Posted by Zarile3

This sounds like a lot of fun and I could really see a lot of my friends getting into it when we all get together. That said, I can't justify buying the game, 1 move starter kit, and another 3 controllers just to play it once every few months when we all get together. It's unfortunate too, because Joust looks like a blast.

Posted by BBQBram

@Mystyr_E said:

Woke up, fell out of bed, dragged a comb across my head...

Found my way downstairs and drank a cup?

Posted by ChrisTaran

Christ, more coverage of this thing that is not a video game, Joust.

I think Patrick is just doing this to troll us at this point...

Must be nice to be friends with games journos that will cover your crap regardless of how relevant it is to their audience!

Posted by Counterclockwork87

I don't get the buzz over Joust by Patrick and some others...I've heard it said before...you could pretty much make this exact game yourself by filling a plastic cup to the brim with water so any wrong movement spills the liquid.

Posted by Mystyr_E

@BBQBram said:

@Mystyr_E said:

Woke up, fell out of bed, dragged a comb across my head...

Found my way downstairs and drank a cup?

Looking up I noticed I was late

Posted by professording

@Mystyr_E said:

@BBQBram said:

@Mystyr_E said:

Woke up, fell out of bed, dragged a comb across my head...

Found my way downstairs and drank a cup?

Looking up I noticed I was late

A-ha a-ha a-ha a-ha

Posted by Gold_Skulltulla

I don't really want to own JS Joust, but I would love to play it. Love to see it as part of a tour or something. Maybe it could show up at more than indie game festivals and partner with a band or something? I don't know, I want to support it, but it's such a hard sell. I'm more interested in seeing new ideas from these creative minds at this point and chalking JS Joust up to "lessons learned."

Posted by TwoArmed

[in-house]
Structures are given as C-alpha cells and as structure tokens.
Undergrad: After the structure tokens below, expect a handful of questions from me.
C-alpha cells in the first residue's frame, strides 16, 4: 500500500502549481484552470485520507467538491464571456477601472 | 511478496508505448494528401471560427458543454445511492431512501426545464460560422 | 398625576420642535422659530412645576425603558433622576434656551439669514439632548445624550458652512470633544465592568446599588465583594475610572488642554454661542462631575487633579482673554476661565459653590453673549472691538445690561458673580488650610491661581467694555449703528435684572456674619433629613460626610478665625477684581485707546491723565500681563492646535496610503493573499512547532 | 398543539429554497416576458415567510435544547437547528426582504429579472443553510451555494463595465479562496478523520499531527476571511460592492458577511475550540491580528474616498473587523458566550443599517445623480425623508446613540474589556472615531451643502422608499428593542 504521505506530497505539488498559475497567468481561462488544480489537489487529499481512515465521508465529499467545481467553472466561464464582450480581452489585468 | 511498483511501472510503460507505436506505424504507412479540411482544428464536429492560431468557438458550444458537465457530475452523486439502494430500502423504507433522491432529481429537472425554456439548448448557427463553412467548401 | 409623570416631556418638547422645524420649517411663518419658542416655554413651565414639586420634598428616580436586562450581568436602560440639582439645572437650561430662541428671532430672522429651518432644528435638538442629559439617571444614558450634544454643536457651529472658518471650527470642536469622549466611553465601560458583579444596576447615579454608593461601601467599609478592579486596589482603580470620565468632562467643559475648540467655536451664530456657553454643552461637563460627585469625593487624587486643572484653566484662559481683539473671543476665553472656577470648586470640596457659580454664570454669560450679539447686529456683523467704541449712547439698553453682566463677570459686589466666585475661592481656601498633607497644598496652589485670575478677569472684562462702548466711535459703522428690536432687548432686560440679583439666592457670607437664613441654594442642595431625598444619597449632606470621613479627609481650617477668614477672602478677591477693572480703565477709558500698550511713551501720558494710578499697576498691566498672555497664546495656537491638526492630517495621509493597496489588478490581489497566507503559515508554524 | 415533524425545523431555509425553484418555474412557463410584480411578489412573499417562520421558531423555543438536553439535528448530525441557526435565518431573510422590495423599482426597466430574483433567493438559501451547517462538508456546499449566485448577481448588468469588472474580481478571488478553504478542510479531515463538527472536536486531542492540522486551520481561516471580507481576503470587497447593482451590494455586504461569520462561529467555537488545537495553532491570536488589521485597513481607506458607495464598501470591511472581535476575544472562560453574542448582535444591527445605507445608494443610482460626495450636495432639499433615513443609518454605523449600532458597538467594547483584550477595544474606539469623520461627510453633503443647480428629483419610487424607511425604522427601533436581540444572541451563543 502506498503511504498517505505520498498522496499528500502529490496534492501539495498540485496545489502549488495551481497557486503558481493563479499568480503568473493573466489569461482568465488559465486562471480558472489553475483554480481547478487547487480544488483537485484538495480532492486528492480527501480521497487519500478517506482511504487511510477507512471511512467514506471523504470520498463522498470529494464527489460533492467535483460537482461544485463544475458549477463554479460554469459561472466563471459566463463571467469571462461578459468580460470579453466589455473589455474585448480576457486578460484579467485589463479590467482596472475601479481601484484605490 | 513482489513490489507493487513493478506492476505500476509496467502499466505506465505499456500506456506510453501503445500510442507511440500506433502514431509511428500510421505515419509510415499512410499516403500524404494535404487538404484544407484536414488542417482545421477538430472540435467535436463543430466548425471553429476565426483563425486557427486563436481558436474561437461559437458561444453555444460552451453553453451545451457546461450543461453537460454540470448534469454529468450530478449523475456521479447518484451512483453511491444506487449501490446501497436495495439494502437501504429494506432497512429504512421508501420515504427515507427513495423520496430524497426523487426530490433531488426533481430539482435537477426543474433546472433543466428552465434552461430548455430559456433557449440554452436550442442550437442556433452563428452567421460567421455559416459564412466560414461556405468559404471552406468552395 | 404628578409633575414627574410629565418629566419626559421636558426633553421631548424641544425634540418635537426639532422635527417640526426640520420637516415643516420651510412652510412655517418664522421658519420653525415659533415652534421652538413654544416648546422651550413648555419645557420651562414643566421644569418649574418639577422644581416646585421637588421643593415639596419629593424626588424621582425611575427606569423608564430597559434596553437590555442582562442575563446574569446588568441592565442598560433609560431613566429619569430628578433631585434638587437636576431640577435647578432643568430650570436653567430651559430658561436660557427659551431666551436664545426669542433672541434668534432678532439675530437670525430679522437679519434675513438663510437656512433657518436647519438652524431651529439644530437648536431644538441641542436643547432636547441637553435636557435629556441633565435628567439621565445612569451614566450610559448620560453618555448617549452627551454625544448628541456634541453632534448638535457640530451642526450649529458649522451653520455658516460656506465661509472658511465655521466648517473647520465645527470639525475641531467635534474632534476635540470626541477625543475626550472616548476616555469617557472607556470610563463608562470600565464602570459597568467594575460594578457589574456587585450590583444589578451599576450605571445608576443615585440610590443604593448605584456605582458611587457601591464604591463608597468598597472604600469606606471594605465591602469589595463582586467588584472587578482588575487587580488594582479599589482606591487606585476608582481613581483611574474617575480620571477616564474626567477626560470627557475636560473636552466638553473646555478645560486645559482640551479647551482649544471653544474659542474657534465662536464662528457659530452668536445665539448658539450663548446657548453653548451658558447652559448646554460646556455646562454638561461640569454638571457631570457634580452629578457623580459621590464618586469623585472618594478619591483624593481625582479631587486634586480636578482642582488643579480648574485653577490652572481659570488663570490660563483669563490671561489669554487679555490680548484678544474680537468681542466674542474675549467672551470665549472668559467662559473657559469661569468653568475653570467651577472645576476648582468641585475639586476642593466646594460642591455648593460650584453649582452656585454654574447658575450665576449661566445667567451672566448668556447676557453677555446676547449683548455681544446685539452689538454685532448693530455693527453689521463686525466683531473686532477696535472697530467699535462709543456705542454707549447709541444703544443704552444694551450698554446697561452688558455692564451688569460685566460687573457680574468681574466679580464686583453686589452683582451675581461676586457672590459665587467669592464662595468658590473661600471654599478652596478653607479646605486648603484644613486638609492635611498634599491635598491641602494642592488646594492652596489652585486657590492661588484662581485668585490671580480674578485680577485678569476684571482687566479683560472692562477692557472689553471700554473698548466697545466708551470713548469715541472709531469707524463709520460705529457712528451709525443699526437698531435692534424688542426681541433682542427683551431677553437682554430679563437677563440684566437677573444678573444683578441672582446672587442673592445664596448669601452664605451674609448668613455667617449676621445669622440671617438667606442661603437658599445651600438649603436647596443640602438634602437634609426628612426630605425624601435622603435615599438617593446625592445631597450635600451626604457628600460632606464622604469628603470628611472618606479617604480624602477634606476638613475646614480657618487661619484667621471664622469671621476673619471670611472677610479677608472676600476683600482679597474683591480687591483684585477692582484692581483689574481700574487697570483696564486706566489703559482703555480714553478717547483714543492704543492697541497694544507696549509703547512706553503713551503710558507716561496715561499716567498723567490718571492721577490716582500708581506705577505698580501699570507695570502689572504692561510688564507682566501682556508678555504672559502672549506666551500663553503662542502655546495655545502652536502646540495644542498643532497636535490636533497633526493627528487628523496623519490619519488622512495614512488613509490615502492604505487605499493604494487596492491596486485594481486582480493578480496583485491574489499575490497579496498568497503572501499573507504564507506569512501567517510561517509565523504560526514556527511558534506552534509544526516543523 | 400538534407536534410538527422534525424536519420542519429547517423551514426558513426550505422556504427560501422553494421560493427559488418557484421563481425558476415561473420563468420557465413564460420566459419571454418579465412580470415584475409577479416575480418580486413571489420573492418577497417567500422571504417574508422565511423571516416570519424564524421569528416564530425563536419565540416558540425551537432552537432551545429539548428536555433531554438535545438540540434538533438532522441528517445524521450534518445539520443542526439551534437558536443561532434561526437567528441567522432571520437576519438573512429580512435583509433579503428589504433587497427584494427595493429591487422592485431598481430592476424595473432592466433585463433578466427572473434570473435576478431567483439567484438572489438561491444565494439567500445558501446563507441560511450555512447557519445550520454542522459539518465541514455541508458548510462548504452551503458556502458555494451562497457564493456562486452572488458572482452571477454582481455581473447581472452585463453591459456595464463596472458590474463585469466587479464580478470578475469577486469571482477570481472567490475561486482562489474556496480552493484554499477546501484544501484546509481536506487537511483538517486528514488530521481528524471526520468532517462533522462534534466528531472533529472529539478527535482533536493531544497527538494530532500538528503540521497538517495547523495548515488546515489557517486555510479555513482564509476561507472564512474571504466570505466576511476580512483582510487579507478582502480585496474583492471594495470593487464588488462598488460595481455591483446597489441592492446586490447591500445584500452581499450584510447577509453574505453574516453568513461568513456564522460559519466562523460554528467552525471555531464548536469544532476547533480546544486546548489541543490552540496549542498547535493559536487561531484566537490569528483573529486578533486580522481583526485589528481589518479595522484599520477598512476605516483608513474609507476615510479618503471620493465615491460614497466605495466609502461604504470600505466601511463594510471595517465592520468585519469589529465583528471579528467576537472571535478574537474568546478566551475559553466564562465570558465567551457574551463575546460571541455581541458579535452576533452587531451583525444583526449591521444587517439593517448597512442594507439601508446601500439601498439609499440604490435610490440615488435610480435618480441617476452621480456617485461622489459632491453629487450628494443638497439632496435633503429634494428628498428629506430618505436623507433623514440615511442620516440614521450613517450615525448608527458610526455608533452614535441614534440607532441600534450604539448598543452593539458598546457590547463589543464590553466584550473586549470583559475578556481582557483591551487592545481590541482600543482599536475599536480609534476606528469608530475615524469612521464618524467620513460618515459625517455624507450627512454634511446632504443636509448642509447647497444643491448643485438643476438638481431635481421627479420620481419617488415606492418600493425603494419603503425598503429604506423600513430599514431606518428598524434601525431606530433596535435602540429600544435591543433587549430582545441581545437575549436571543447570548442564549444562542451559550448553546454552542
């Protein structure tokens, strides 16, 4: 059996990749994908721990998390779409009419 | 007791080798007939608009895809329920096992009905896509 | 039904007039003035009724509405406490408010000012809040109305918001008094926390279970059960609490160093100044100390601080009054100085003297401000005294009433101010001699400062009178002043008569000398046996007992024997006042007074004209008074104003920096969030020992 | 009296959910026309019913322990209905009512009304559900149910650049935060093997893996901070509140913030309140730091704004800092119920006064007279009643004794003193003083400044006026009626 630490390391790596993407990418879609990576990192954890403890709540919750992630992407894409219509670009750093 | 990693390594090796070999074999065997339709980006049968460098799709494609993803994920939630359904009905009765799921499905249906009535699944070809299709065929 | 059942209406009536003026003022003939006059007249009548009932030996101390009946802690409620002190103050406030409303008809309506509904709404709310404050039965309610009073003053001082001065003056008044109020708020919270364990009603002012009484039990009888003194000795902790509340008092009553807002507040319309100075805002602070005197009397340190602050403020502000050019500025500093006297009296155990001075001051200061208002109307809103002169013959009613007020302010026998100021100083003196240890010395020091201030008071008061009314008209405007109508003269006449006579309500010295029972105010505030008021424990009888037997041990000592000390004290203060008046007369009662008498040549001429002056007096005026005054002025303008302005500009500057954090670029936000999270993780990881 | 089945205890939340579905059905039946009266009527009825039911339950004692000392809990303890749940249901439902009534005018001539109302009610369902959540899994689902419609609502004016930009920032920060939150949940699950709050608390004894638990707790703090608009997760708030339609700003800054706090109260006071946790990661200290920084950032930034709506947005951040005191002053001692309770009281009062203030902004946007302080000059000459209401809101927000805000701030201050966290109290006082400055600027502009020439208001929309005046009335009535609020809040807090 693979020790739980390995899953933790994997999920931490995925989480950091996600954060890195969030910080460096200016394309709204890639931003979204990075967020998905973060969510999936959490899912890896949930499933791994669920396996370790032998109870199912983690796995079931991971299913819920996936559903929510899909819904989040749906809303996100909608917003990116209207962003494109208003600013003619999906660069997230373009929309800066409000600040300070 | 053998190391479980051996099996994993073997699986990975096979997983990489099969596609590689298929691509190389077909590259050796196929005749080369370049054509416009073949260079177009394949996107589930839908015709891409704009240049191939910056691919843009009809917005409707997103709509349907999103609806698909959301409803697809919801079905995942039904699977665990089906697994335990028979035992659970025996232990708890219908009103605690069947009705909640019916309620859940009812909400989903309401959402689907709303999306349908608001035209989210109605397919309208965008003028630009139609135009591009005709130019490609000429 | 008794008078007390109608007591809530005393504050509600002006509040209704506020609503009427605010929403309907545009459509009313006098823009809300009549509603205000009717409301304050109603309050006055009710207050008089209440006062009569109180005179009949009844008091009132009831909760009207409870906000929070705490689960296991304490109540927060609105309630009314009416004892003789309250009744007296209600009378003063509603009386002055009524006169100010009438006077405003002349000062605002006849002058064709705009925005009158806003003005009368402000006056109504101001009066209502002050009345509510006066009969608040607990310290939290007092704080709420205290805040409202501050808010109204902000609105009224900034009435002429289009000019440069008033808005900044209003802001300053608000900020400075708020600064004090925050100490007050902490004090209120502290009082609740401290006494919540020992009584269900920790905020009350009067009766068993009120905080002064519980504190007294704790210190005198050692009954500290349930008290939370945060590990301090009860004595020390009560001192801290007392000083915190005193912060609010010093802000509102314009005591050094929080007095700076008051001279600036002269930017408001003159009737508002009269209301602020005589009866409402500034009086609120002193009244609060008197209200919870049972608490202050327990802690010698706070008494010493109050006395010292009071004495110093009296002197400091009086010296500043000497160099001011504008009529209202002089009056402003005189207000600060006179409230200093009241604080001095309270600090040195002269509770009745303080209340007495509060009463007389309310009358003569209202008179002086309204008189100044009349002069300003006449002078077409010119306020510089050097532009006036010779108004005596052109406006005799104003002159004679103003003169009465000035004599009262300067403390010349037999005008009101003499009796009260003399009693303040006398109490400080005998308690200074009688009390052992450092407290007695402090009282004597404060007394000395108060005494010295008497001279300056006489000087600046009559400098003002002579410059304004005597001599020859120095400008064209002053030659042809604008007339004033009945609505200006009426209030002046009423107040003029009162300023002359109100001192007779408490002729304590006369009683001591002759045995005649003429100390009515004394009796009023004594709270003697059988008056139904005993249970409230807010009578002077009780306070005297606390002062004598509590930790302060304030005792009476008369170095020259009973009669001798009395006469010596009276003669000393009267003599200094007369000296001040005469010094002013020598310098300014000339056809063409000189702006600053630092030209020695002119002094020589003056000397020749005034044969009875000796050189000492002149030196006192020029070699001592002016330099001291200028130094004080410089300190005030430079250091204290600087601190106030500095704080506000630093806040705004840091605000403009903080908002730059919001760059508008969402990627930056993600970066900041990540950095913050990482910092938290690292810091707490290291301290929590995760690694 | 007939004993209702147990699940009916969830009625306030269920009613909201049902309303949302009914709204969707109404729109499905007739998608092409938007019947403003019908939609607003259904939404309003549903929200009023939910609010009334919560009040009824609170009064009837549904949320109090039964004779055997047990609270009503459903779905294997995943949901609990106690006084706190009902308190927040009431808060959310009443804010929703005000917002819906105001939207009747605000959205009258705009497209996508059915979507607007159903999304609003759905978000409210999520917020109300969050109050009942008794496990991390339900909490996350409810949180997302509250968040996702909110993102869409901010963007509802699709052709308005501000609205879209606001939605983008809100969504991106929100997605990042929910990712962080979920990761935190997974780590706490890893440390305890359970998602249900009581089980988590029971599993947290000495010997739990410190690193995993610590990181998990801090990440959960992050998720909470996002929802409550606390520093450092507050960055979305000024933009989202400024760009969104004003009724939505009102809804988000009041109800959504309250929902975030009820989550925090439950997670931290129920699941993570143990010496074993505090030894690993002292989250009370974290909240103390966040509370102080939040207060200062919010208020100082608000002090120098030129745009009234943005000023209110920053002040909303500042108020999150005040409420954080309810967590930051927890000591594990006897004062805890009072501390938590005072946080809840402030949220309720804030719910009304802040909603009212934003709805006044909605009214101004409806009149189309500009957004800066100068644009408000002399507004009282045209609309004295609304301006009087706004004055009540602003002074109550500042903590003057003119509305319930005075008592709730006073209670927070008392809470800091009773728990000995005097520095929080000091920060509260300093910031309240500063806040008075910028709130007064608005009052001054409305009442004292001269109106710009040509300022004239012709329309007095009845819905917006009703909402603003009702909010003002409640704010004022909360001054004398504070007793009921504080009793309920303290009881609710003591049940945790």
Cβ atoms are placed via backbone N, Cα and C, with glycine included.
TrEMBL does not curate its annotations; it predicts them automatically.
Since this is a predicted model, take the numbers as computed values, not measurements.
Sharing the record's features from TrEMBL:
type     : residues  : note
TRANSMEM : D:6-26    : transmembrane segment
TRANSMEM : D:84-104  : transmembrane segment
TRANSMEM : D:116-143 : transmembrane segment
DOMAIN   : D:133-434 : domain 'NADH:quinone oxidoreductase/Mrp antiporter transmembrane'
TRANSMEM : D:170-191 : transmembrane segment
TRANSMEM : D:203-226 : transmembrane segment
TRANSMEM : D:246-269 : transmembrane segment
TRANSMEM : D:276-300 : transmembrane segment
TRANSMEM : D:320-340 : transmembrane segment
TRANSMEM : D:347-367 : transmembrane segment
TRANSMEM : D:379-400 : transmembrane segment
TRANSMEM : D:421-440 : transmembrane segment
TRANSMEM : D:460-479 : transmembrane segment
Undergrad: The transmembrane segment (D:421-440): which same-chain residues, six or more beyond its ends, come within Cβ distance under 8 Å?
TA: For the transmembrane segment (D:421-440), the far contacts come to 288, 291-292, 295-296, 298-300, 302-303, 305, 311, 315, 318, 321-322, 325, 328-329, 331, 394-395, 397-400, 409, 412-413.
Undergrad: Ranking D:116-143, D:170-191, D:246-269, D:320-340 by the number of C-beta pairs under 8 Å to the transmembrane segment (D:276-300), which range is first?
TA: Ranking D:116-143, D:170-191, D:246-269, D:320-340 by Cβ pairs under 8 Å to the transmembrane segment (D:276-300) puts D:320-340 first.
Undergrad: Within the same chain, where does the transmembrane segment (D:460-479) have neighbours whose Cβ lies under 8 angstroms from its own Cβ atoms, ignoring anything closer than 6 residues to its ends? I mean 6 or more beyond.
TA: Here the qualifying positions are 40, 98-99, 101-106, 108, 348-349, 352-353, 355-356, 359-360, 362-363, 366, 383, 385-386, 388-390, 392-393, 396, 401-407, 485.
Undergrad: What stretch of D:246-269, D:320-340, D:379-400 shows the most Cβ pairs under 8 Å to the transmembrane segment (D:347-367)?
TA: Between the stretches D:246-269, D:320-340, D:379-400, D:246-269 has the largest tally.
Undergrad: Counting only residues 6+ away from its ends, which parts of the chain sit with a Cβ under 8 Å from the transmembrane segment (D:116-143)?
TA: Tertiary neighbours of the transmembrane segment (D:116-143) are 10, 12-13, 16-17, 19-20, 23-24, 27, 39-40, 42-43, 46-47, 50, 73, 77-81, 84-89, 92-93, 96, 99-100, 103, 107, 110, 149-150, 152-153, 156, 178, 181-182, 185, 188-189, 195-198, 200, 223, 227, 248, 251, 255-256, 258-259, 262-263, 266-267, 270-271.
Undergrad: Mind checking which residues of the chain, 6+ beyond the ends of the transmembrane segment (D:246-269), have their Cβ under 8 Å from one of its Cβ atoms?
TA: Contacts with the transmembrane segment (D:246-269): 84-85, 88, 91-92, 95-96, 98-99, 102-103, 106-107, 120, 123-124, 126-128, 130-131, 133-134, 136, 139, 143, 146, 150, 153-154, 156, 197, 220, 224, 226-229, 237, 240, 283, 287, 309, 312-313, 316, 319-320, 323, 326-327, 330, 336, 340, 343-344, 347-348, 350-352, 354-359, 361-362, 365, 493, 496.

The push to try to make people care about this game at all blows my mind.

Posted by Sooty

Joust is as dumb as Patrick's love for it.

Posted by BBQBram

@Professor_Ding said:

@Mystyr_E said:

@BBQBram said:

@Mystyr_E said:

Woke up, fell out of bed, dragged a comb across my head...

Found my way downstairs and drank a cup?

Looking up I noticed I was late

A-ha a-ha a-ha a-ha

Wait is that supposed to be the bridge harmony or ironically slow laughter?

Posted by professording
@BBQBram

@Professor_Ding said:

@Mystyr_E said:

@BBQBram said:

@Mystyr_E said:

Woke up, fell out of bed, dragged a comb across my head...

Found my way downstairs and drank a cup?

Looking up I noticed I was late

A-ha a-ha a-ha a-ha

Wait is that supposed to be the bridge harmony or ironically slow laughter?

I think Paul does a pant of some sort here.
Edited by Bobby

Hokra is amazing.

Posted by Mechanized

Don't understand the hype behind this game at all. Like... at all.

Posted by Timnoldzim

So does "Joust" rhyme with "Bach" now?

Posted by Krakn3Dfx

I would never ask my friends to come over and play Pole Riders.

Just saying.

Posted by Thoseposers

@MiniPato said:

@aquamarin said:

I don't have anything good to say about this, so I just won't say anything.

NO ONE CARES ABOUT JOUST!

No one bought a move and no one will buy a move for Joust! It's just an indie game whose 5 minutes of zietgeist has passed!

There I said it for you.

this. i'm sick of these articles

Posted by Shaanyboi

I get Joust. I do. I understand what it tries to do, and it seems interesting and fun.

But seriously, this push to make it like this BIG thing, dozens of articles that are like "THIS is what justifies the Move, man. This NEEDS to get out there to the public..."

No. Just stop. It's not that special. Yes, it's an interesting use of the technology, yes it could be a fun game for people while drunk. But no one is going to buy a Move for it, and if they did, they'd have their 20 minutes of fun and then regret spending as much as they did. It's a cool GDC/PAX demo, and that's about it...

Posted by TwoArmed

@Shaanyboi: But...Indie!

Edited by Peanut

To sum up the comments thus far: Nobody gives a shit.

Did I get that right, guys?

Posted by Terjay

@Peanut said:

To sum up the comments thus far: Nobody gives a shit.

Did I get that right, guys?

Yep. Well except for Patty McKlepek.

Posted by ERoBB

To those asking "Why not just add single player?" ... I don't think you've seen what the game actually looks like in practice.

Edited by RetroVirus

My real question is why Nidhogg isn't part of this. I really want to play it!

Posted by probablytuna

I don't think I'll be purchasing the game or Move controllers just to play it but I hope it all works out for them in the end.

Online
Posted by Terjay

Also: "PUBLISHERS DON'T CARE ABOUT THIS GAME :(" They probably care more about not being sued to hell and back when someone gets tossed through a window or something.

Posted by ramiam402

I'm actually quite excited for this, I played JS Joust at E3 and had a blast with it. With the right group of people the game can be a lot of fun, and for myself at least it certainly didn't get boring after a half hour.

Posted by Dezztroy

I can't wait for this "game" to die.